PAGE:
Office—School of Social Sciences, Media and Cultural Studies, University of East London, Docklands Campus, 4-6 University Way, London E16 2RD, England.
Educator, writer, and editor. North East London Polytechnic, London, England, from lecturer to senior lecturer, 1971-95; University of East London, London, professor and research leader, 1995—. Also distinguished visiting scholar and professor at universities, including Queen's University, Belfast, Northern Ireland, 1982; Stanford University, 1986; Rutgers University, 1998; and the University of Karachi; also visiting fellow at the University of London's School for Advanced Study, 2001.
Outstanding Academic Book of the Year, Choice, 1990, for The Dictionary of Feminist Theory.
Feminist Criticism: Women as Contemporary Critics, St. Martin's Press (New York, NY), 1986.
An Annotated Critical Bibliography of Feminist Criticism, G.K. Hall (Boston, MA), 1987.
The Dictionary of Feminist Theory, Harvester Wheatsheaf (New York, NY), 1989, 2nd edition, Ohio State University Press (Columbus, OH), 1995.
Border Traffic: Strategies of Contemporary Women Writers, Manchester University Press (New York, NY), 1991.
(Editor and author of introduction) Feminisms: A Reader, Harvester Wheatsheaf (Hemel Hempstead, England), 1992.
(Editor and author of introduction) Modern Feminisms: Political, Literary, Cultural, Columbia University Press (New York, NY), 1992.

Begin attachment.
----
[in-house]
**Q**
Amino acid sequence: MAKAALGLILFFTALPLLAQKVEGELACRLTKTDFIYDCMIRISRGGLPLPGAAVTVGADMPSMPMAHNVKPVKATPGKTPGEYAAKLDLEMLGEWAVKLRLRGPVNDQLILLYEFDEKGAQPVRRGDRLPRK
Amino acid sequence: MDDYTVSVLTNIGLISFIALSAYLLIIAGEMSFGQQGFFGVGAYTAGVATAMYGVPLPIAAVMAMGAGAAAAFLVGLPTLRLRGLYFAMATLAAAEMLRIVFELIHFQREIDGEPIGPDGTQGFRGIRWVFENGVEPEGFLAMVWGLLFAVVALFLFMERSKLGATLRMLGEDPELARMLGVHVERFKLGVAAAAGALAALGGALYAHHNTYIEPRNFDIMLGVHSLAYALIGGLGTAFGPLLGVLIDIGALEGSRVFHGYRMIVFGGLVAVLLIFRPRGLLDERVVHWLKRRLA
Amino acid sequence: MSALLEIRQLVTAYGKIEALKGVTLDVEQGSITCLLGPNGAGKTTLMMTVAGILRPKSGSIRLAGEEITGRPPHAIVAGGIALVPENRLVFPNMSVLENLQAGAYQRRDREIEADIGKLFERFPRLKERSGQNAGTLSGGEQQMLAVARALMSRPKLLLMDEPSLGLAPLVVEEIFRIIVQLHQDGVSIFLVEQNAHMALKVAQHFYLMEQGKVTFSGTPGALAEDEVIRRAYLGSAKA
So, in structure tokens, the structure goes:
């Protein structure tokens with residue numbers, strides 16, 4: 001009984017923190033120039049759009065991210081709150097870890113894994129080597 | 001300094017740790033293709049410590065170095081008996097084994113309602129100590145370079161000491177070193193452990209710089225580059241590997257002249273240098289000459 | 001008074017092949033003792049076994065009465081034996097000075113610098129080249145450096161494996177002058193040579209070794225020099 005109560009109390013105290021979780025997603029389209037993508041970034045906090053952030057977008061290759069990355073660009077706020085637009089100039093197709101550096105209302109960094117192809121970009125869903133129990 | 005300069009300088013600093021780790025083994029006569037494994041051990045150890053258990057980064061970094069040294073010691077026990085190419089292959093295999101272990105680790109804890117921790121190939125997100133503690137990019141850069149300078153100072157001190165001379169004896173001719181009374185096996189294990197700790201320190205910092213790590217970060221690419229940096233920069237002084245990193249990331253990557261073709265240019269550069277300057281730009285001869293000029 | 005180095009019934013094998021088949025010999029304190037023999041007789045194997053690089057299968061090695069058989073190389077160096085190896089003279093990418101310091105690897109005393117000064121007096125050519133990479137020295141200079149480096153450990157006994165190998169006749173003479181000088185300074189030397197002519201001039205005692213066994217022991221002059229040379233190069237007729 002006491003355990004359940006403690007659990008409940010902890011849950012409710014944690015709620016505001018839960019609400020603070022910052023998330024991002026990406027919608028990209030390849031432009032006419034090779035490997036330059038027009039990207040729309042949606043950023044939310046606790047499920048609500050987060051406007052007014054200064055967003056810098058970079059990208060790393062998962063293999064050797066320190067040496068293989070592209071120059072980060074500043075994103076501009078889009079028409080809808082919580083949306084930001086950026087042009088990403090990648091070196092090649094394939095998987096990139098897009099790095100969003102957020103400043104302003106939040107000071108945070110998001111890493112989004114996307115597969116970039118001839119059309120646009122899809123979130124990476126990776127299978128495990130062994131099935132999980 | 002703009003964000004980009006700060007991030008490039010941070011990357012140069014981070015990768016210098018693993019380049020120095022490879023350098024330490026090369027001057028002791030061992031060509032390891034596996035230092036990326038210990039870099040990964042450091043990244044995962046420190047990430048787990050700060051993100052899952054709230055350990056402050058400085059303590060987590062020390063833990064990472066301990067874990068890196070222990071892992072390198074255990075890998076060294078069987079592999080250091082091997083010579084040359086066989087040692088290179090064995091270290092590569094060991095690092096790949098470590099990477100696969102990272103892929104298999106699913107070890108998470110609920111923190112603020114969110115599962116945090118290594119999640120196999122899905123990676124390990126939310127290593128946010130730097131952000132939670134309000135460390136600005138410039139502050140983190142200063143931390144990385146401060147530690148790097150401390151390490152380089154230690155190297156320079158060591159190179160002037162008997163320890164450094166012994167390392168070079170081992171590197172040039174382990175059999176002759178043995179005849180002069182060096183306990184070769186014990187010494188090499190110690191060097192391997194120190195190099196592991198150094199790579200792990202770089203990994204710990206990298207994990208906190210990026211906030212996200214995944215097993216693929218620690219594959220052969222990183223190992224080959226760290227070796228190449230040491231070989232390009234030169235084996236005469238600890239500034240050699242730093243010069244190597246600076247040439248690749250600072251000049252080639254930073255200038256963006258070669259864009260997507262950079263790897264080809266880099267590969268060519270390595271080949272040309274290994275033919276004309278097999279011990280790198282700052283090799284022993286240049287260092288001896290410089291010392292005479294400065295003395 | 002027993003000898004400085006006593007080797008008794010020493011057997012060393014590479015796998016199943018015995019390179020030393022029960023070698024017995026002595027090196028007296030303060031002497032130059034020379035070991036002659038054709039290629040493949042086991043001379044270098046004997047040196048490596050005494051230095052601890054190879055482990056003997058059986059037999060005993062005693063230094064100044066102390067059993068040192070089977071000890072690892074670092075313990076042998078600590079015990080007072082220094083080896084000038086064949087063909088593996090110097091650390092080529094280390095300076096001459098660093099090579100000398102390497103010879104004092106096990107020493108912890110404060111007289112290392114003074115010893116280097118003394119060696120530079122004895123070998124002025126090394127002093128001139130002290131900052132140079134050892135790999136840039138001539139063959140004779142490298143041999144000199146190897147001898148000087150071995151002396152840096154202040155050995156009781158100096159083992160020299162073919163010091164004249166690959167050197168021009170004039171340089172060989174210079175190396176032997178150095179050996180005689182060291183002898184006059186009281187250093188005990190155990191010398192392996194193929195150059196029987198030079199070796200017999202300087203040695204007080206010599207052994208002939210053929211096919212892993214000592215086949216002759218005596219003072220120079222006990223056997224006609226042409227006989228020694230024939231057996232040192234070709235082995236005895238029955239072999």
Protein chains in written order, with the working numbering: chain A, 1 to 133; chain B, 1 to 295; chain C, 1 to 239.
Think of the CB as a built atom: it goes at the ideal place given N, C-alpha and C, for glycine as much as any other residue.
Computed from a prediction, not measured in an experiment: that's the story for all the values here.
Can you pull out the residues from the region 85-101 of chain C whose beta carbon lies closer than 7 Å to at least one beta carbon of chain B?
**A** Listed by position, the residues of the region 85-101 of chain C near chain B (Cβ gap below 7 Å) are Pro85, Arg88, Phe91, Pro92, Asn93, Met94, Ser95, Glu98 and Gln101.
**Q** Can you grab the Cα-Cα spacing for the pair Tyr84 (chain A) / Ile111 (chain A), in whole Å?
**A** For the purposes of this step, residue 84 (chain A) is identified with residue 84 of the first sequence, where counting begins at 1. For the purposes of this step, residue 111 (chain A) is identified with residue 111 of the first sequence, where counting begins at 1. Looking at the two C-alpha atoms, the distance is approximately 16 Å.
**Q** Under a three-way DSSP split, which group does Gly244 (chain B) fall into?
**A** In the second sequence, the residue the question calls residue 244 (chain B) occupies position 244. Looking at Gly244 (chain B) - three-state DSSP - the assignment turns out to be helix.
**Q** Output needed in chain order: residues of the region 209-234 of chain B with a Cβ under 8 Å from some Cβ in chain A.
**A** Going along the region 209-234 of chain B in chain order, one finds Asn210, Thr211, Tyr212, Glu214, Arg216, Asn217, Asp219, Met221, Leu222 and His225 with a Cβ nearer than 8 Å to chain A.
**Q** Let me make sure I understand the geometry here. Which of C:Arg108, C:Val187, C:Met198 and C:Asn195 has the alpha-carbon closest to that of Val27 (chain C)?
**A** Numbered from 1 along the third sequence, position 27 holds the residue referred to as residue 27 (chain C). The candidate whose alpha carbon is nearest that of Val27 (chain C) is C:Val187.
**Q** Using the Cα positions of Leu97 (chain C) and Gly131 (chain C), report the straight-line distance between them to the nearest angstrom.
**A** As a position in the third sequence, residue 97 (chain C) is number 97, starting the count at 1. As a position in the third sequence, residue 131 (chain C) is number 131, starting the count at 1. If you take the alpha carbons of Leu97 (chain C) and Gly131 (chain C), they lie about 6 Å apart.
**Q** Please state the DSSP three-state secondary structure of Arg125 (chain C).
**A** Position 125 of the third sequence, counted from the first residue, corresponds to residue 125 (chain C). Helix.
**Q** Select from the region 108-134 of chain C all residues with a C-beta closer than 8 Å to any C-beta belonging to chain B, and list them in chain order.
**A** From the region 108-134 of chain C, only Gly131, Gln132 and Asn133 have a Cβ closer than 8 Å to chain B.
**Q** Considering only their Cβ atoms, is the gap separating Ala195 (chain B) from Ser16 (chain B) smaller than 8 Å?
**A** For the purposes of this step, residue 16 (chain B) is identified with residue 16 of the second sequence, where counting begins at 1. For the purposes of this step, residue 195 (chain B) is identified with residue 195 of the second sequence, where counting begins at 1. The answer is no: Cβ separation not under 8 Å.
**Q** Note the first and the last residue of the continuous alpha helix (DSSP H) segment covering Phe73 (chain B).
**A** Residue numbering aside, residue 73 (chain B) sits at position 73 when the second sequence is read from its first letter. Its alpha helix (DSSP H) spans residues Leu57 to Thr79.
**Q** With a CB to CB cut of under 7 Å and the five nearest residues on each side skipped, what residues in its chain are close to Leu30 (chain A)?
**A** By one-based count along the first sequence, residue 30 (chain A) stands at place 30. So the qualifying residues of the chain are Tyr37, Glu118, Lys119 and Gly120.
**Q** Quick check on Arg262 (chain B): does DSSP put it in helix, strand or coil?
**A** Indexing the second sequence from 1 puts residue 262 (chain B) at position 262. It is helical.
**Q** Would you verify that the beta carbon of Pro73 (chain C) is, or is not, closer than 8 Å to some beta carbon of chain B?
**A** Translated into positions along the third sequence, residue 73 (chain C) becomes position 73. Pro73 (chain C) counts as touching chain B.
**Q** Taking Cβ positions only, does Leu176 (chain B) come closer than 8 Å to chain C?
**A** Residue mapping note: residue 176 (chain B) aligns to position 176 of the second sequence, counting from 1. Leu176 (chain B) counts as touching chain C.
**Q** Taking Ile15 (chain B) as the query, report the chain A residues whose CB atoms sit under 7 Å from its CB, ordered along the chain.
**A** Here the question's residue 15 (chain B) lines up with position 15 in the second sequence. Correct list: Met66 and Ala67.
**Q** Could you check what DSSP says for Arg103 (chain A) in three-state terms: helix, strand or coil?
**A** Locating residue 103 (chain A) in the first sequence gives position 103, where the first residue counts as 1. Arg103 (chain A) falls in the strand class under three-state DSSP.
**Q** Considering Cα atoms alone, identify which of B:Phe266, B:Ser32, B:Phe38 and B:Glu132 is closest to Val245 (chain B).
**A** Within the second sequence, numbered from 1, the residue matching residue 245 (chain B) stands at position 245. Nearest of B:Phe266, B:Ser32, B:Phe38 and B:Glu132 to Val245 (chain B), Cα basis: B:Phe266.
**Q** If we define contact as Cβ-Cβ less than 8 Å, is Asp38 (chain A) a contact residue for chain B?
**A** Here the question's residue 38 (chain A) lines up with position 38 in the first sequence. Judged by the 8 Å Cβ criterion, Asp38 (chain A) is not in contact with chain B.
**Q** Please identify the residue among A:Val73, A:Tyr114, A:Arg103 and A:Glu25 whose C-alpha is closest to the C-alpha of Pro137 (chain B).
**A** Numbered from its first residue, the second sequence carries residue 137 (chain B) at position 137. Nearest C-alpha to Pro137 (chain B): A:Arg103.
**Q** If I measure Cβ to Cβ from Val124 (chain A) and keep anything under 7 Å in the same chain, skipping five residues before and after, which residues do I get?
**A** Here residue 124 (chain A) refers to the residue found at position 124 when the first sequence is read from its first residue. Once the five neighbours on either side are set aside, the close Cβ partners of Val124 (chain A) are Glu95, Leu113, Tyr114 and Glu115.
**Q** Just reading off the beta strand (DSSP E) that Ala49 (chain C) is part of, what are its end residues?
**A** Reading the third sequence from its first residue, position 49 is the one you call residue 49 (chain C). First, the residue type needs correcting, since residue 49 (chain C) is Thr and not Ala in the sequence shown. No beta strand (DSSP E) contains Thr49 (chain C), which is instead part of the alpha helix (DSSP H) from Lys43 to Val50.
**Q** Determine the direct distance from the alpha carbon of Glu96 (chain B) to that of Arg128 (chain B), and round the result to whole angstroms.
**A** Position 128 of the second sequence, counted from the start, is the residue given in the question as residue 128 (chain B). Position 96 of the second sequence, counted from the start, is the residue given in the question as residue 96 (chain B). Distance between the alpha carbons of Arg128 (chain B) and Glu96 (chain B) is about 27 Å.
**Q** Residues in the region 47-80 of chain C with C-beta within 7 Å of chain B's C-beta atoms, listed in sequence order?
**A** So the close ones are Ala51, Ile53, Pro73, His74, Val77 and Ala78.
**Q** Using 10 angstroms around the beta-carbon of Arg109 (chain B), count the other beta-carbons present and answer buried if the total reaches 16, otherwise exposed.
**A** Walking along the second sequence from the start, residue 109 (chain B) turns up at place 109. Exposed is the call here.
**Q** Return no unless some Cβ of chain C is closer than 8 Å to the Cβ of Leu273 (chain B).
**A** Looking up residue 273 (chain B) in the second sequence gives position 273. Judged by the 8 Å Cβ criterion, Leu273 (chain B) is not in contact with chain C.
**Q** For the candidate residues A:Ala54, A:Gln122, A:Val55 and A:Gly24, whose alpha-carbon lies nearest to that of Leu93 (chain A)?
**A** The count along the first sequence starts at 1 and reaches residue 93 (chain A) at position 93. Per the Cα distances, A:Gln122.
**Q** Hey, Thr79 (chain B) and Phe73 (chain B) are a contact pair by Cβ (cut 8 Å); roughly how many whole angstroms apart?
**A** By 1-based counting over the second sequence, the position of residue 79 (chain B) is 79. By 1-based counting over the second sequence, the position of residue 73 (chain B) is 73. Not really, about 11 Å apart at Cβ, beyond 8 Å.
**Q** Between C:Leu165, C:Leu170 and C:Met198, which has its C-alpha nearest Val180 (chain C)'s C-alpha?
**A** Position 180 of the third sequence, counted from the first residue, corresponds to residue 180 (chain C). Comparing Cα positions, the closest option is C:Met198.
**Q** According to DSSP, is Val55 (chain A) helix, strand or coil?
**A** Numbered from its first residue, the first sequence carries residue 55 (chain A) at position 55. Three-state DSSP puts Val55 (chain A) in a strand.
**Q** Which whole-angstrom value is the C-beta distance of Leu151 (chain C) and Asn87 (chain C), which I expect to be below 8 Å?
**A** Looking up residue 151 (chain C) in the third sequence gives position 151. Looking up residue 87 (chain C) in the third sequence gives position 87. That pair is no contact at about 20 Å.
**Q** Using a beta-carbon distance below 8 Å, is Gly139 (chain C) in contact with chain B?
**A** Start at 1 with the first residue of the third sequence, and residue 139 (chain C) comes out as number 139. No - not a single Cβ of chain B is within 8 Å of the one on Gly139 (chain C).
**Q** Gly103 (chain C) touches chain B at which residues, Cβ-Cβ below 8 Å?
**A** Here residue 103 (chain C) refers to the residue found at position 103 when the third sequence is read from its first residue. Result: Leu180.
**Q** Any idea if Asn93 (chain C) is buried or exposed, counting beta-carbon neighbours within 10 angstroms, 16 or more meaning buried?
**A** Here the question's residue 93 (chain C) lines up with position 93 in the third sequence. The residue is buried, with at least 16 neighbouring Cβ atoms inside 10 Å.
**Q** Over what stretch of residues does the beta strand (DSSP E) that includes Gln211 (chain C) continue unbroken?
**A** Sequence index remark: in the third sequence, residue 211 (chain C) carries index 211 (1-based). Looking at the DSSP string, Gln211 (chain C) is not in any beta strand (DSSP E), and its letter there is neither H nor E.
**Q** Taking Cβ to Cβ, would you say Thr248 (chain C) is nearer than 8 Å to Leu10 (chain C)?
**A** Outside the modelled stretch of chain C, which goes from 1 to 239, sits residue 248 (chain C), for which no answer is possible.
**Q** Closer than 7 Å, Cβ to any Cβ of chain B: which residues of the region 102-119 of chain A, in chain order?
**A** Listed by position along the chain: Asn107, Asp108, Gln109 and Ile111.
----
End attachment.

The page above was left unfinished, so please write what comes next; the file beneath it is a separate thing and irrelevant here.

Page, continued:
A Reader's Guide to Contemporary Feminist Literary Criticism, Harvester Wheatsheaf (New York, NY), 1994.
(Editor) Practising Feminist Criticism: An Introduction, Prentice Hall/Harvester Wheatsheaf (New York, NY), 1995.
Feminism and Film, Indiana University Press (Bloomington, IN), 1997.
Modernist Women and Visual Cultures: Virginia Woolf, Vanessa Bell, Photography, and Cinema, Rutgers University Press (New Brunswick, NJ), 2003.
Snapshots of Bloomsbury: The Private Lives of Virginia Woolf and Vanessa Bell, Rutgers University Press (New Brunswick, NJ), 2006.
Contributor of chapters to books, including Virginia Woolf Out of Bounds: Selected Papers from the Tenth Annual Conference on Virginia Woolf, edited by J. Berman and J. Goldman, Pace University Press (New York, NY), 2001; Feminism, Aesthetics and Subjectivity: Women and Culture in Early Twentieth Century British Literature, edited by M. Barbieto, Universidade de Santiago de Compostela (Santiago de Compostela, Spain), 2001; Genero, feminismo y educacion superior: una vision internacional, edited by E.Z. Martelo, V.V. Garcia and P.A. Manzanares, Colegio de Postgraduados (Mexico City, Mexico), 2001; Literary Modernism and Photography, edited by P. Hansom, Greenwood Press (Westport CT), 2002; Fifty Years of English Studies in Spain, 1952-2002, edited by I.M. Palacios Martinez and others, Universidade de Santiago de Compostela (Santiago de Compostela, Spain), 2003; and Woolf in the Real World, edited by K. Kukil, Clemson Digital Press, 2005. Contributor to periodicals, including Feminist Theory, Woolf Studies Annual, Virginia Woolf Bulletin, Signs, and Revista Canario de Estudios Ingleses. Also contributing editor to The Routledge International Encyclopedia of Women, Routledge (New York, NY), and advisory editor to "Gender and Society" series, Falmer Press, and "Gender and Higher Education" series and "Feminist Theory" series, Taylor and Francis. Books have been translated into foreign languages, including Arabic, Polish, Korean, Japanese, Ukrainian and Turkish.